This practice can be referred to as electrocorticography (ECoG), and this is the direct recording of electrical potentials associated with the cerebral cortex of our brain. The ECoG signal is captured from the electrodes which are placed in either the dura or in the arachnoid section of our brain.

Invasive BCIs are implanted deep into the brain during neurosurgery procedures.

The devices can consist of single-units that detect the signals from a specific area of brain cells or multi-units that detect the signals from multiple areas of brain cells.

Now that we’ve explored the three main types of BCIs that are used let’s take a look at the actual real-life purposes of these intricate devices.

A big use case of BCIs and a field that will be a huge focus in the future of these interfaces include restoring impaired functions of the human body.

Let’s remember that BCIs recognize the intent of an individual through brain signals, then decode the neural activity, and translate it into an output to accomplish a specific goal.

As a result of this process, BCIs are being developed to control prosthetics using non-invasive EEGs.

At the University of Houston, researchers were able to create an algorithm that allowing an individual to grasp a bottle with the use of a prosthetic controlled by a brain-computer interface.

Companies such as NeuroPace and Neuralink are using these invasive brain-computer interfaces to target spinal and brain issues that many people on the daily have to face.

Neuralink has been developing the first stages of a surgically implanted brain chip that measures our brain activity.

The chip referred to as the Link, is being developed to do cure medical illnesses such as paralysis, mental illness, epilepsy, memory loss, and increase hearing ranges. Currently, the chip has proven to detect and function within pigs and Neuralink is planning on improving the device so it can be put on the market for consumers to purchase.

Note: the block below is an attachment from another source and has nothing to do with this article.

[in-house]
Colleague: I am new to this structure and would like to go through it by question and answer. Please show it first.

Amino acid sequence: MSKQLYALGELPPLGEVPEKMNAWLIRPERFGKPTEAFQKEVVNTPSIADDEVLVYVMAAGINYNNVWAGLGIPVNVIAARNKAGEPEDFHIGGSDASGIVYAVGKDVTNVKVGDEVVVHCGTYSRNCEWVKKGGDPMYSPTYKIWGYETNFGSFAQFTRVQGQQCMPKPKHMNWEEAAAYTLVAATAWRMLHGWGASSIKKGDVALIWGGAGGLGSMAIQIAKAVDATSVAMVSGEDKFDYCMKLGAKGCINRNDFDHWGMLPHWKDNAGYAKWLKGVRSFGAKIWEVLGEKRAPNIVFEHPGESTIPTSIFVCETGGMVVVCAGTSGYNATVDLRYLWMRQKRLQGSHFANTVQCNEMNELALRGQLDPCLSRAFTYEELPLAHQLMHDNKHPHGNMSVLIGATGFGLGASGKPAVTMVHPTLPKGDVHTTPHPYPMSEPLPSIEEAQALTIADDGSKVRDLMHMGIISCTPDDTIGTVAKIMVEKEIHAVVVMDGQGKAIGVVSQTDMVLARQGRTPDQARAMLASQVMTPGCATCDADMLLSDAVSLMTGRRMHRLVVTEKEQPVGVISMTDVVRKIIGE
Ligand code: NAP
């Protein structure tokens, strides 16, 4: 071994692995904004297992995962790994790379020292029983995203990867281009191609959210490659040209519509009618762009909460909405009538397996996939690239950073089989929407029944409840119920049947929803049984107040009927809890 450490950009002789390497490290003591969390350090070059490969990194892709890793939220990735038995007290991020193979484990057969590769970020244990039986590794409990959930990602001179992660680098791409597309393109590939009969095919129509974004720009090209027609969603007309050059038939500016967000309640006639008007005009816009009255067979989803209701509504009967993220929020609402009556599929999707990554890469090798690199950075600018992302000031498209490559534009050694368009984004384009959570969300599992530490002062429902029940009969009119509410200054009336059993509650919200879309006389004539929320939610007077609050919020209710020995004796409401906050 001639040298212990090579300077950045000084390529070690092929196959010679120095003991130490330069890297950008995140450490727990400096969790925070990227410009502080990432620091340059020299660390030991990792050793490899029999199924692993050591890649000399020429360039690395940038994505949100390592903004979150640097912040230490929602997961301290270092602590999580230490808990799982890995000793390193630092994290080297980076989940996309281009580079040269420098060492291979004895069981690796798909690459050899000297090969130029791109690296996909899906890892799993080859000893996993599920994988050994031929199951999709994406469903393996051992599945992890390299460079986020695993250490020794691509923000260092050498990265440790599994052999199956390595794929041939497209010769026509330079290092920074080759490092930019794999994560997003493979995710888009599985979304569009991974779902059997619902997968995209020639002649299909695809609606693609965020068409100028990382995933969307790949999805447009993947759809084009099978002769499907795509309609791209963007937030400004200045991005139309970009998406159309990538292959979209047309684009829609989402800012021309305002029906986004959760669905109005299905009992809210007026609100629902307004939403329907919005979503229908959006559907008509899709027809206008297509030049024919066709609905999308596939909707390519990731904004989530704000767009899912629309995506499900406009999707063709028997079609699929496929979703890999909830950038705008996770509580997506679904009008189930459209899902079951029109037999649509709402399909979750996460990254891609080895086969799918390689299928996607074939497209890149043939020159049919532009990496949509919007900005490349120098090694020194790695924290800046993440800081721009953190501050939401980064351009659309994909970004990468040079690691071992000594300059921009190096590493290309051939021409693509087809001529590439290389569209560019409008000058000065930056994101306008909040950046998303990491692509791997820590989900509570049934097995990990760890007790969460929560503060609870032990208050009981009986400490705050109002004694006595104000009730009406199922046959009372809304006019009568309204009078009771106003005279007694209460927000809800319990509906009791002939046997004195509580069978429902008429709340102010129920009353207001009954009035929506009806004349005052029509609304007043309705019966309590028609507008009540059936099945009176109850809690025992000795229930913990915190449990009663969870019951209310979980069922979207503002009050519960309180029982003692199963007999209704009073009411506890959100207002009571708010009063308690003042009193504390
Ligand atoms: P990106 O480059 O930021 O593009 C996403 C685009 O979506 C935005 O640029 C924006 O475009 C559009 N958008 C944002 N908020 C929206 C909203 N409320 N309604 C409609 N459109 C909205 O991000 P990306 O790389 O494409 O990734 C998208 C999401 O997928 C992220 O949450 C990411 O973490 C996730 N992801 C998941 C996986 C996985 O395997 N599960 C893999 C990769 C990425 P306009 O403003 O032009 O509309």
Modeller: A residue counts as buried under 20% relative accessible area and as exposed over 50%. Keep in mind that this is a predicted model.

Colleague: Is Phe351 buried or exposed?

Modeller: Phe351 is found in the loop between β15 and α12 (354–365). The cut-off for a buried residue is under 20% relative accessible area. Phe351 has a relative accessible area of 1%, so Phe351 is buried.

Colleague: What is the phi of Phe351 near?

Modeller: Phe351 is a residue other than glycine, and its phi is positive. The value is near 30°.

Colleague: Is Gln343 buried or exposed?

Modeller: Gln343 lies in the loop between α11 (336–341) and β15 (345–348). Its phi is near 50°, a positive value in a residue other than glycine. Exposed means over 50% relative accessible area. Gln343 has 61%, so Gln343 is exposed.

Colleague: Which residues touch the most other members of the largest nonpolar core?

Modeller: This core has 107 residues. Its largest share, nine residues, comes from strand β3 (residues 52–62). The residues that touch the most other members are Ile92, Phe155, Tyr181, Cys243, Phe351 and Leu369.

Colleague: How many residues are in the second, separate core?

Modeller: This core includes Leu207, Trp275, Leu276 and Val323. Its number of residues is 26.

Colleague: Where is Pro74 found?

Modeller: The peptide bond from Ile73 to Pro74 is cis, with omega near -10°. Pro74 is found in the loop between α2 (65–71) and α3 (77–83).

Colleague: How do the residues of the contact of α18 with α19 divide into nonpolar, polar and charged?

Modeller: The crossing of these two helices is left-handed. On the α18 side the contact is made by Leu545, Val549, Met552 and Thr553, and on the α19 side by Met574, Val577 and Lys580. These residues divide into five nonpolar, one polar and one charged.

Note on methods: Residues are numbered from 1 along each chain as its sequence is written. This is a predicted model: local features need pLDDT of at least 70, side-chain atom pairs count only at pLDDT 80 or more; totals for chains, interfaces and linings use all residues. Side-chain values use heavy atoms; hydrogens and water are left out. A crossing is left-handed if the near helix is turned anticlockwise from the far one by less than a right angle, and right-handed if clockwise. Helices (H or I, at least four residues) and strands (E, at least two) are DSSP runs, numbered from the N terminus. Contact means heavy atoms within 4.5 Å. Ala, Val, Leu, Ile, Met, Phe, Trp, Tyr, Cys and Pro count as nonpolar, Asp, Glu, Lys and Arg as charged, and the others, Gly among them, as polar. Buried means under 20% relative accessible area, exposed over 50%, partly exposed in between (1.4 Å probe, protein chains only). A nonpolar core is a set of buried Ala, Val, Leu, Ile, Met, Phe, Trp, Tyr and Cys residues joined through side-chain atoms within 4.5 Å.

The future stages of the chip plan to accomplish futuristic tasks such as being able to download skills into your brain, stream music in your head, and even telepathy.

If you are interested in reading more about Nueralink, check out this article I wrote:

The mission of NeuroPace is to target epilepsy in individuals. Essentially their device continuously monitors electrical brain activity and delivers stimulation pulses when the device predicts patterns correlated to seizure activity. With this amazing device, it’s possible to stop seizures before patients know that they are even having one.

Measuring and monitoring brain activity will allow the device to send pulses to the brain to stop seizures.

Brain-computer interfaces are the future of humanity. Currently, they are being developed to do amazing things within the medical community and areas of entertainment. With more research, time, and development, soon futuristic things we always hear about such as telepathy, mind-control, and downloading information into our heads will be possible to experience with these interfaces.

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Hi, I’m Ashley, a 16-year-old coding nerd and A.I. enthusiast!

I hope you enjoyed reading my article, and if you did, feel free to check out some of my other pieces on Medium :)